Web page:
How to find a low-stress job

With a little self-reflection, you can figure out what your ideal job looks like.

How to find a low-stress job

What type of work stresses you out?

Among the best oxymorons out there, "low-stress jobs" ranks toward the top. After all, chronic job stress is real. In fact, in Monster's 2020 State of the Candidate survey, one in three workers said that their jobs are having a negative impact on their mental health.

We’re not talking about the occasional aggravation of losing a computer file or the annoyance of having to listen to a co-worker talk on speakerphone. Serious workplace stress can be mentally draining and leave you feeling depleted and defeated. It can even lead to insomnia, mood swings, anxiety, depression, and an overall lower quality of life. If you’re feeling any of that, you probably also dread going into work each day.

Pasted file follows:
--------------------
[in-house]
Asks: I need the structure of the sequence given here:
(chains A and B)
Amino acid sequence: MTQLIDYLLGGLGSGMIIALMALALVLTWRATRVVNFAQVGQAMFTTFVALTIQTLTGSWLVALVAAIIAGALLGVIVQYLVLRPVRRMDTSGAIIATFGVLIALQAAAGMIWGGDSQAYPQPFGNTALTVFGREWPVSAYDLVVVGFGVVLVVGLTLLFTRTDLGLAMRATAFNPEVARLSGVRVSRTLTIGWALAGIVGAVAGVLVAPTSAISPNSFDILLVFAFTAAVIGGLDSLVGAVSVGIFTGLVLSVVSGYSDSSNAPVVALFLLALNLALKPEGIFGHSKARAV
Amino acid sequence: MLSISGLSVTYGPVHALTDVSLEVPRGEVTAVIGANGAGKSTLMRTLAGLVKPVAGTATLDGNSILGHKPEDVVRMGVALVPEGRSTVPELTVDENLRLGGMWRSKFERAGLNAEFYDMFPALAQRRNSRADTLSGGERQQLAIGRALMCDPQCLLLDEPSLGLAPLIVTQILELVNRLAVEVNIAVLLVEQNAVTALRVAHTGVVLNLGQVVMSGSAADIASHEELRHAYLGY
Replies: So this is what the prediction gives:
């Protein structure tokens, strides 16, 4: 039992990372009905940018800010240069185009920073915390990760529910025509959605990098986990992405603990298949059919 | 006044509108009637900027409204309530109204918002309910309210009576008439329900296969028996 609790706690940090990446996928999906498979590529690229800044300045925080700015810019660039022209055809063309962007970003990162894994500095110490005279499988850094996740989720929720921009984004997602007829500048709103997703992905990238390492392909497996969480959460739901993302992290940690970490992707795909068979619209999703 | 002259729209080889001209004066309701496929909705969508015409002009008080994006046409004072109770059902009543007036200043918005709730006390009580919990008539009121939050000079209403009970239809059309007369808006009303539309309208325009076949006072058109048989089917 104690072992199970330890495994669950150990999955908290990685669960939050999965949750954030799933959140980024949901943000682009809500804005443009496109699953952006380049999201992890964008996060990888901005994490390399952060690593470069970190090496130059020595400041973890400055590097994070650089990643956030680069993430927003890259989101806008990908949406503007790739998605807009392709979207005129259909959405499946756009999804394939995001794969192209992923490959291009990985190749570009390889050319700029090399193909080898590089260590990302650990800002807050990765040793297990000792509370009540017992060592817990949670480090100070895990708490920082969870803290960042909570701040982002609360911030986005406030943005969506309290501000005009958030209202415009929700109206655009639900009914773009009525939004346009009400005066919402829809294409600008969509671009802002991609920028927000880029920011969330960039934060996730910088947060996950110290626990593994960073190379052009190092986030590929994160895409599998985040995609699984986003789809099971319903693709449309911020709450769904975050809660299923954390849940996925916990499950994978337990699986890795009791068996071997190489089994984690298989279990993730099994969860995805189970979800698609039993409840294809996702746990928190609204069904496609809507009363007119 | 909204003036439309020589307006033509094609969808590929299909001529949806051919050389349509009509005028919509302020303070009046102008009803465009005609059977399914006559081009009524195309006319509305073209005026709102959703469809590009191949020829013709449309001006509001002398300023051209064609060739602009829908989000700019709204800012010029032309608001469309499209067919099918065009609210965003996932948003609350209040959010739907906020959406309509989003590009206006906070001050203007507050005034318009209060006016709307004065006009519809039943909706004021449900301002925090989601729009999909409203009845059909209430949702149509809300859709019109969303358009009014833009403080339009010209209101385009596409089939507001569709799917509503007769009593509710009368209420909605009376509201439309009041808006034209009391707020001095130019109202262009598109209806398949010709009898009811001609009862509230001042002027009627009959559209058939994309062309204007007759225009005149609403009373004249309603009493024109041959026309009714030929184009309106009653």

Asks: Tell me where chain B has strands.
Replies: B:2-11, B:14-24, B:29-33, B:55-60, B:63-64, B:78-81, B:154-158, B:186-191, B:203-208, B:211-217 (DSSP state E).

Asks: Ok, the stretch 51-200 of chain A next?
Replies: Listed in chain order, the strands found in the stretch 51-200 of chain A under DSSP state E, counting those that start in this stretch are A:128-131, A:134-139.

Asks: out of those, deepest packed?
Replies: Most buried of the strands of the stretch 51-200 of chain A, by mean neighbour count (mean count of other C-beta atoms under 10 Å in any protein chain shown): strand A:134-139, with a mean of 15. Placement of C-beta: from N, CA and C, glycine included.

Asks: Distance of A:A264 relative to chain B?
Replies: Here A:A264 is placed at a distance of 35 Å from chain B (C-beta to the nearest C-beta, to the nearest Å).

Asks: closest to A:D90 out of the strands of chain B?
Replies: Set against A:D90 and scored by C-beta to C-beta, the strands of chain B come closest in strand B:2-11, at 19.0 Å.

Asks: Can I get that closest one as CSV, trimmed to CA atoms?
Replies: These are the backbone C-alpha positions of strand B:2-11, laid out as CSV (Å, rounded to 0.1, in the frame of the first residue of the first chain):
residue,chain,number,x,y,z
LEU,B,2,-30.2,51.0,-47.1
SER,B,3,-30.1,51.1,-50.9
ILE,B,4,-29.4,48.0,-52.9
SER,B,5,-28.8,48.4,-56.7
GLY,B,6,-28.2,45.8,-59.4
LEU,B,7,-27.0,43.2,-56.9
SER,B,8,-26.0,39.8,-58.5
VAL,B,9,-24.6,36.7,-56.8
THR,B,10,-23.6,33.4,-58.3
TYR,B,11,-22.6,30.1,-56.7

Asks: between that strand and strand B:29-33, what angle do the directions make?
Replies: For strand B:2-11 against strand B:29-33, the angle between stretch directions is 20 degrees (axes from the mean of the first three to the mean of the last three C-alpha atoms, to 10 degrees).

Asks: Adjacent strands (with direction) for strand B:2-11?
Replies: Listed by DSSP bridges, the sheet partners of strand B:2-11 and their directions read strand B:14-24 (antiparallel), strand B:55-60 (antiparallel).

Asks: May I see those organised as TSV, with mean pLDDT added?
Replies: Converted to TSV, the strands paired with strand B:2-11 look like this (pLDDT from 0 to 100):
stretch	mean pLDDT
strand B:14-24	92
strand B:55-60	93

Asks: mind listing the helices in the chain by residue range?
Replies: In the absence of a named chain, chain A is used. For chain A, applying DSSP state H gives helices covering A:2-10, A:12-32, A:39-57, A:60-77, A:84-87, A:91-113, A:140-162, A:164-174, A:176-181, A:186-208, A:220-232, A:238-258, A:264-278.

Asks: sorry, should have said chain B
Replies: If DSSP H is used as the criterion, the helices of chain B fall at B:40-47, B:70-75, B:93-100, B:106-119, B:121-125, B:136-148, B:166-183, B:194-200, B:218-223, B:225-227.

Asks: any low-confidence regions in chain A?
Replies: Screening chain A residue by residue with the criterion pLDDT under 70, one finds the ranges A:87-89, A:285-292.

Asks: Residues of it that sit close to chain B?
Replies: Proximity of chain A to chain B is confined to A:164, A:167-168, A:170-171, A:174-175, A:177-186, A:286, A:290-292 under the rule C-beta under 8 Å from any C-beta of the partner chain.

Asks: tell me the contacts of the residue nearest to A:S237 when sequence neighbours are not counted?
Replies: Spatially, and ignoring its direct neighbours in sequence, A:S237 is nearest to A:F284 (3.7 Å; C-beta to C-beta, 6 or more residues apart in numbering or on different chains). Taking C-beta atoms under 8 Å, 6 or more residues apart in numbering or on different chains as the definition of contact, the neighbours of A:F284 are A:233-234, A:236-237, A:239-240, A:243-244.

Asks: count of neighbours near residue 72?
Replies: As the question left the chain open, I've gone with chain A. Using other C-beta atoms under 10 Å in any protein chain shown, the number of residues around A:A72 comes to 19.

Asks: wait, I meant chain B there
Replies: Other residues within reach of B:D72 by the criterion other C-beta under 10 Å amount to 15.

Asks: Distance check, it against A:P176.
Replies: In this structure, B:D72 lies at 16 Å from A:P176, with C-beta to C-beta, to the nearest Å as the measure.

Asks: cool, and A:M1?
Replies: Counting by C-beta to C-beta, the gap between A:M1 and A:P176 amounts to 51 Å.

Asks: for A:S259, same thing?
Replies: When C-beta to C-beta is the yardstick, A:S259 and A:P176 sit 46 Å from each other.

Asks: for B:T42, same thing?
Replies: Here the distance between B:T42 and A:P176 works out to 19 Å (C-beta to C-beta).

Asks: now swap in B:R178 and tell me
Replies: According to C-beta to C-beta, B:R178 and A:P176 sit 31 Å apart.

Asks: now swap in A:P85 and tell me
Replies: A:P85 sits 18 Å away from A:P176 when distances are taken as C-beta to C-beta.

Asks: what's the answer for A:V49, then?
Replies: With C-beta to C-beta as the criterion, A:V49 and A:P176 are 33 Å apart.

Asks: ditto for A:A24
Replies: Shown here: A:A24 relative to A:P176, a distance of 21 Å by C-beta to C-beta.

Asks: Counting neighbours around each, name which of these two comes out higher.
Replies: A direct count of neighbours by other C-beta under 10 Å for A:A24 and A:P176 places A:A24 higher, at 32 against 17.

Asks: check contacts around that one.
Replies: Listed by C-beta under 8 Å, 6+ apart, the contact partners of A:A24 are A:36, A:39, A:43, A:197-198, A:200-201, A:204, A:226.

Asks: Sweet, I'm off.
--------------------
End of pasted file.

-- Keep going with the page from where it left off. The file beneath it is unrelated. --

But what if you could seek out a low-stress job?

In a healthy job market, it’s an especially great time to dig down and figure out what type of work stresses you out. That way, you can explore roles without those attributes. Here’s how to get started.

Figure out your stress triggers

Determining if a job is stressful will vary from person to person. “It’s important to identify the areas you personally will require from a company that will make even your most stressful days a little lighter,” says Candace Bracher, recruiting manager at the national staffing firm Addison Group.